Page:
Bill Gates may do more to fix climate crisis than world’s politicians


When Bill Gates was a nerdy kid growing up in Seattle, he gained neighborhood notoriety at Little League baseball games by doing standing jumps into garbage cans. At the time, few would have identified that skinny kid as the guy who would one day save the world.

The software industry Gates built certainly changed the universe of business and personal communication, while the fortune he has spent through the Gates Foundation has saved countless lives in developing countries. It is his latest endeavor, though, that could be the one that rescues us all.

On Monday, at the United Nations climate summit in Paris that has drawn together leaders from most of the countries on Earth, Gates unveiled his plan to create a multibillion-dollar fund to pay for research on clean and renewable energy. Teaming with 19 governments and 28 billionaires from 10 nations, Gates hopes to do what the planet’s politicians have failed to do up to this point: dramatically alter the global energy system to replace fossil fuels with power sources that do not contribute to climate change.


The vast majority of the world’s scientists -- excluding those in thrall to oil and coal companies -- have determined that the increasing level of CO2 in the atmosphere is the culprit in rising global temperatures. The evidence of this is becoming more and more obvious as polar ice caps melt, glaciers recede, the oceans get warmer and planetary weather patterns become more extreme. According to the scientists, if humanity continues with business as usual, the result will be calamitous: widespread drought and famine triggering massive, desperate human migrations, major cities and island nations flooded by rising seas, and the catastrophic extinction of countless terrestrial and oceanic species.

Most world leaders have accepted the scientific consensus and know it is their duty to do something while they still can to avoid the worst possible outcomes. That is why they have come together this week in Paris. However, it will be no surprise if narrow national interests override the common interest -- it always has before -- with the result that a final summit agreement falls well short of what is needed to stop the slide toward disaster.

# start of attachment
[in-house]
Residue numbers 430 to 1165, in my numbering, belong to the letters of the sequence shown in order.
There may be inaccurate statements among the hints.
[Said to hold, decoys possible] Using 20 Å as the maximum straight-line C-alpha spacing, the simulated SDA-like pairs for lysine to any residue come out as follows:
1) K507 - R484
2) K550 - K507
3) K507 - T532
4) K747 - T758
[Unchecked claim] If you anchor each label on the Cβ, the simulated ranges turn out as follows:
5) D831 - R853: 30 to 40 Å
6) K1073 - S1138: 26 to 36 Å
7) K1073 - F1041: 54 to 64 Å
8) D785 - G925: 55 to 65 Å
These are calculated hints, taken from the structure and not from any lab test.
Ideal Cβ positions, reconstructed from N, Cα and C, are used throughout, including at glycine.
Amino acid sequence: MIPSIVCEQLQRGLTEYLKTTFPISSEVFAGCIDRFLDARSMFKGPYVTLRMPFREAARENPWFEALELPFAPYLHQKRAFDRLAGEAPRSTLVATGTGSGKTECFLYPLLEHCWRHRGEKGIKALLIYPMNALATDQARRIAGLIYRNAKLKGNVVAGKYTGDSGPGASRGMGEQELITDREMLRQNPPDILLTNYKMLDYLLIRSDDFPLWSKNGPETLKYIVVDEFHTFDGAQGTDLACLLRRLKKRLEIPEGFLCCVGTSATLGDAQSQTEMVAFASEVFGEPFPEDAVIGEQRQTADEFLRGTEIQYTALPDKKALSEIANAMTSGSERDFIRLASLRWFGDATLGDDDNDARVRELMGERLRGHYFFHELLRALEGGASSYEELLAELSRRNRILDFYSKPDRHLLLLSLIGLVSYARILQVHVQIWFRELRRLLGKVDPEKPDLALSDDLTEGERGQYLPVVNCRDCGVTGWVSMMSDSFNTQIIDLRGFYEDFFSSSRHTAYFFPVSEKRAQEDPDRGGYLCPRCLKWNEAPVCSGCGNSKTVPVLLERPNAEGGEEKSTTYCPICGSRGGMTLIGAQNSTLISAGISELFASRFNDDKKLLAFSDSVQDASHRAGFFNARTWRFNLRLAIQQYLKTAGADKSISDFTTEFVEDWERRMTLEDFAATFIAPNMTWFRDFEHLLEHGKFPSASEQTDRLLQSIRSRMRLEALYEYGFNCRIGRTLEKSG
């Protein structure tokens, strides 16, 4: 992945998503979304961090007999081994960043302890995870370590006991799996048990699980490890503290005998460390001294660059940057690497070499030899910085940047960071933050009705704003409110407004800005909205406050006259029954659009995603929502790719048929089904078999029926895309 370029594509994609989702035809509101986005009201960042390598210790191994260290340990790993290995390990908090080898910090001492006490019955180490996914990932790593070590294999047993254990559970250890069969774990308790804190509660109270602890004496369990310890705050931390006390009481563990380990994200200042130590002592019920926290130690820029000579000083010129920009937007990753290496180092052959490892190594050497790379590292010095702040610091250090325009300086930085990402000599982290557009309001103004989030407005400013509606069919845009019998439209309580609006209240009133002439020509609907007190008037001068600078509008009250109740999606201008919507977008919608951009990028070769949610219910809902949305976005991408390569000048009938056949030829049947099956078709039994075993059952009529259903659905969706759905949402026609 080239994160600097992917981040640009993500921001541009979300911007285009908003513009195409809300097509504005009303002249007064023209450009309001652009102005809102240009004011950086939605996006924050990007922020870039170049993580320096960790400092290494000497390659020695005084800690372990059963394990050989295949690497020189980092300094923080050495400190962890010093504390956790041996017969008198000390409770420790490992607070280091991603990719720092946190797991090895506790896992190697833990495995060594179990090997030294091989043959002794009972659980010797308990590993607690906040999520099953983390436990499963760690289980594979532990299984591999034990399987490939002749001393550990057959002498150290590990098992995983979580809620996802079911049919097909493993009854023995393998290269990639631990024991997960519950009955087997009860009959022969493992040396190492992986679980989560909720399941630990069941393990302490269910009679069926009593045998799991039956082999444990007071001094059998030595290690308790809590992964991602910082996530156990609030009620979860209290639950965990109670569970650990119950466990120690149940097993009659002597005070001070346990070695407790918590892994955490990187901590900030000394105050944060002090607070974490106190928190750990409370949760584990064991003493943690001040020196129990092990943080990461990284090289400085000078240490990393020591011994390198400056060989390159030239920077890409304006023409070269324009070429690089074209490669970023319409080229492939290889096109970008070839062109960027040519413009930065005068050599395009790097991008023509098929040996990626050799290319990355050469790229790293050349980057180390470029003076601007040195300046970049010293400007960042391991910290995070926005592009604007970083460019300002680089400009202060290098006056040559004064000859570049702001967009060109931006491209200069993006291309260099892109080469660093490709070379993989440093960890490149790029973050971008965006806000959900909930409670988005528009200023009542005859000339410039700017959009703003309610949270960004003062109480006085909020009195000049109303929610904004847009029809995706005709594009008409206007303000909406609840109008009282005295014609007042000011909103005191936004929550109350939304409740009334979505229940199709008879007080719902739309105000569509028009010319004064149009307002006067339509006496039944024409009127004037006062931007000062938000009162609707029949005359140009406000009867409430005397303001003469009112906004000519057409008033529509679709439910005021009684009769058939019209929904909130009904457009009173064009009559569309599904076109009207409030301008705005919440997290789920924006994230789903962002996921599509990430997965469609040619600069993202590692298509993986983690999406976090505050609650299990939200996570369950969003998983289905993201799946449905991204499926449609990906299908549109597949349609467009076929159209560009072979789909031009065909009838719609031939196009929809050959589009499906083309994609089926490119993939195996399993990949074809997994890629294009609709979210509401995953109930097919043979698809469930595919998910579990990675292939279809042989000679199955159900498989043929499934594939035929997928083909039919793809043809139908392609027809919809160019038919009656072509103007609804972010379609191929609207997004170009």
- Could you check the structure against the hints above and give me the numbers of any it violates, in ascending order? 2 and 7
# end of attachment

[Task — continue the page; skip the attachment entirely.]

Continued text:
President Obama has made climate change the signature issue of his final two years in office, but went into the Paris summit handicapped by the political opposition he faces at home. American delegates will be pushing for a climate plan that is not a formal treaty because the Obama administration knows it cannot get the two-thirds vote in the U.S. Senate needed to ratify a treaty. Anything less than a binding treaty, though, weakens any deal. Obama will also have a tough time following through with the inevitable pledge of American dollars to help pay for action on climate change. That spending would also need the approval of the Senate, as well as the House, and both houses of Congress are in the hands of a political party that pretends climate change is not real.

Some Republican politicians -- such as Oklahoma Sen. Jim Inhofe, who carried a snowball onto the Senate floor to prove it was cold outside -- seem to truly believe the science is wrong. Others, like Senate Majority Leader Mitch McConnell of Kentucky, are mainly concerned with protecting the coal and oil industries that have funded their political careers. Whether their motivations stem from ignorance or immorality, conservative Republicans have the power to slow, if not stop, progress toward cleaner energy and lowered CO2 emissions.

Left to politics, the climate problem is likely only to get worse -- especially if Republicans get control of the presidency, as well as Congress -- but technological solutions might still save the day. That is what Gates is betting on. He is proposing a detour past politics. If he and his fellow billionaires, including California billionaire environmentalist Tom Steyer, Facebook founder Mark Zuckerberg and Amazon Chief Executive Jeff Bezos, can provide the seed money to pay for energy innovation and if forward-thinking entrepreneurs following in the footsteps of Tesla’s Elon Musk can show that clean energy is not only good for the planet but good for jobs and the economy, the old fossil-fuels-based business model will falter and die.

The only question is how long that process will take. Way too much time has already been wasted in denial, duplicity and demagoguery. The Gates initiative may be the prod that gets us to work building a new world energy regime before the old one takes us over a cliff.